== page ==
The Alaska Department of Environmental Conservation is one of the primary oversight agencies. When an oil spill occurs, operators first call the department. Every year, it reviews oil spill and leak prevention and contingency plans that are submitted by the oil companies to ensure that the companies are following proper “spill prevention techniques,” according to the department. Those methods include corrosion monitoring, leak detection, tank inspections and pipeline testing.

The U.S. Department of Transportation also inspects the transmission and distribution pipelines at least once a year, says Jon Strawn who works at the department in Alaska. The department will also do as many inspections as necessary to ensure that oil companies are following the extensive federal laws and regulations, including follow-up inspections and special inspections based on incidents or consumer complaints. Oil companies “have to go out and proactively look for problems before they occur,” he says, which is “all part of an integrity management program.”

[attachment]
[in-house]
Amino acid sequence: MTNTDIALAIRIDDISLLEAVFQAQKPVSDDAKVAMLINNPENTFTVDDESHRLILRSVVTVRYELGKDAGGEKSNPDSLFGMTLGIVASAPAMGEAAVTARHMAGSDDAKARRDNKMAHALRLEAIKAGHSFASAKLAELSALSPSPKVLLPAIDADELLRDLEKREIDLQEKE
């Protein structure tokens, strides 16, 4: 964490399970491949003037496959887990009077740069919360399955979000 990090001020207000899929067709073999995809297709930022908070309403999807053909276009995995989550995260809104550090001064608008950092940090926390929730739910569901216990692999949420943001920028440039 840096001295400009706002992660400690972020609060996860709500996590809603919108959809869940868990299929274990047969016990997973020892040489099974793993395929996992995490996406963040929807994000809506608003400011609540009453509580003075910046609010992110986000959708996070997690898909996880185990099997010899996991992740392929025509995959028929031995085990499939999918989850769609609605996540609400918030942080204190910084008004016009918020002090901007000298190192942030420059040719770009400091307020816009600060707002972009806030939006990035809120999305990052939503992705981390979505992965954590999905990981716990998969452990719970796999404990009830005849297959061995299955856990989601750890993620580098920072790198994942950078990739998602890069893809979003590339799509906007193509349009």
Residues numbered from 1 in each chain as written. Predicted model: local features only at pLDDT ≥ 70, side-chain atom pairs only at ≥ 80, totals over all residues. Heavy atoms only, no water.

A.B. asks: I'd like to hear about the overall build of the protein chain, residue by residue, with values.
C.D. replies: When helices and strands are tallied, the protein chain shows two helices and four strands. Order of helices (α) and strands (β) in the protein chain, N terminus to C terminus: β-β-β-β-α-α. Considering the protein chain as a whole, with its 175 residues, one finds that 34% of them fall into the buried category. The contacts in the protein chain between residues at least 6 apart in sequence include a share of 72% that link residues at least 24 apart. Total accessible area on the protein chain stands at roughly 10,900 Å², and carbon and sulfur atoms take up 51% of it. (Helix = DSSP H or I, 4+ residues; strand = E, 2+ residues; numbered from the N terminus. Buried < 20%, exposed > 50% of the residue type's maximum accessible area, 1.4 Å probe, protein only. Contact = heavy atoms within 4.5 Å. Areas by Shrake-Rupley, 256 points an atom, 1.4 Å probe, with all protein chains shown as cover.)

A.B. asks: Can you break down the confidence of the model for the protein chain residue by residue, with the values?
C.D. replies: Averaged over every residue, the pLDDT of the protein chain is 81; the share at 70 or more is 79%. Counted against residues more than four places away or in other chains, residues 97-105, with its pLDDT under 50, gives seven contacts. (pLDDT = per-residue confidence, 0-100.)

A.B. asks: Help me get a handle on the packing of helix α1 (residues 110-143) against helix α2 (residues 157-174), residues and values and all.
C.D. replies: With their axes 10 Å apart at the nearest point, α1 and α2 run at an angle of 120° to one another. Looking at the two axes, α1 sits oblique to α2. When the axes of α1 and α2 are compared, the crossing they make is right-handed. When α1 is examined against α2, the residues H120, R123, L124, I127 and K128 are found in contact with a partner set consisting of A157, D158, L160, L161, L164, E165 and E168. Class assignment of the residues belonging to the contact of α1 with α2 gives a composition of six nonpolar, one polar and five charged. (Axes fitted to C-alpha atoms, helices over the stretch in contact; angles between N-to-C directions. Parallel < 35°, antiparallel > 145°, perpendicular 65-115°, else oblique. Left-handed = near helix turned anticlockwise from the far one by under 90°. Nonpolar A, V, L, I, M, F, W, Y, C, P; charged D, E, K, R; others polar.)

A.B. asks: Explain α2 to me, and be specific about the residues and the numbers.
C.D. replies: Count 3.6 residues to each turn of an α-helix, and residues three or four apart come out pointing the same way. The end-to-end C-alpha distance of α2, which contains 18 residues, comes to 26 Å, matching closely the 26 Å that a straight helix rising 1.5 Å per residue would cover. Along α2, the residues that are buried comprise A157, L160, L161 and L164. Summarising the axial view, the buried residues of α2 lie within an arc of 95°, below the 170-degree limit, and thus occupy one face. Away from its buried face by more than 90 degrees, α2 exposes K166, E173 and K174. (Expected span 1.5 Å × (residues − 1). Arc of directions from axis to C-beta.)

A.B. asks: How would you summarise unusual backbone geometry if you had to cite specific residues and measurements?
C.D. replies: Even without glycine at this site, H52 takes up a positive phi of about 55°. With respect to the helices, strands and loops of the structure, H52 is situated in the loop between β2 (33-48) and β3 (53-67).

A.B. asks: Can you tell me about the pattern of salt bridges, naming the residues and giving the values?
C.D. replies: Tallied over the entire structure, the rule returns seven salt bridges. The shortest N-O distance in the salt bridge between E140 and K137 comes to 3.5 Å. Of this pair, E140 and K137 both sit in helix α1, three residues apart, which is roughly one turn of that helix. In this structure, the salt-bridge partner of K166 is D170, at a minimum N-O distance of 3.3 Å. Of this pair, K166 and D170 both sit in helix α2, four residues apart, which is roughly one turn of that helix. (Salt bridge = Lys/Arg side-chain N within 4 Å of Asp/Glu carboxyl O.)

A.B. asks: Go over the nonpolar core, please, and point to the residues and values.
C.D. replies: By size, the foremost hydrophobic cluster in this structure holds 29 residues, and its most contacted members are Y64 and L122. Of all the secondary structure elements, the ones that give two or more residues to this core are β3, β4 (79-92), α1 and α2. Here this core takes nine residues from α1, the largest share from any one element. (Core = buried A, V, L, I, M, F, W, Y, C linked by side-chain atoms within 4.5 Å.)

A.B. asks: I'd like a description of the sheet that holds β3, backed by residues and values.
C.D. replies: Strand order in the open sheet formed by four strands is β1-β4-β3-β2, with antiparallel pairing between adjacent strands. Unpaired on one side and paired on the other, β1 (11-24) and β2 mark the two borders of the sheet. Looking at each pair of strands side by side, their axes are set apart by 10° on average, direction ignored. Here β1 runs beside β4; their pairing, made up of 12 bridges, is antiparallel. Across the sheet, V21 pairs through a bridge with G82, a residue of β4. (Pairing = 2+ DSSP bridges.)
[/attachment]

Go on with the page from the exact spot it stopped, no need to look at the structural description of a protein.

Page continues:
These efforts are becoming increasingly relevant as the Bush administration pushes ahead with plans to lease parts of the National Petroleum Reserve-Alaska (NPRA) and potentially open the Arctic National Wildlife Refuge (ANWR) to exploration, which would extend the life of North Slope production. “With continued proper maintenance, upkeep and change-outs where appropriate, the infrastructure will last for the foreseeable life of the field,” says Beaudo of BP, which plans to operate on the slope for another 50 years. Taking care of the pipelines and infrastructure, he says, “is a bit like taking care of a late model automobile — it can be kept running perfectly with the proper maintenance and care.”

Megan Sever

Links:
"The drilling footprint on the North Slope," Geotimes, May 2003

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Mineral of the Month: Boron

U.S. Geological Survey Boron Commodity Specialist Phyllis A. Lyday has prepared the following information on boron.

What does boron have to do with baseball, apple pie, motherhood and Chevrolet? Boron minerals and chemicals are used in the tanning of leather baseballs and gloves; in micro-fertilizer to grow apples and in the glass and enamels of bakewares to cook apple pie; in boron detergents for soaking baby clothes and diapers; and in fiberglass parts for the Chevrolet Corvette.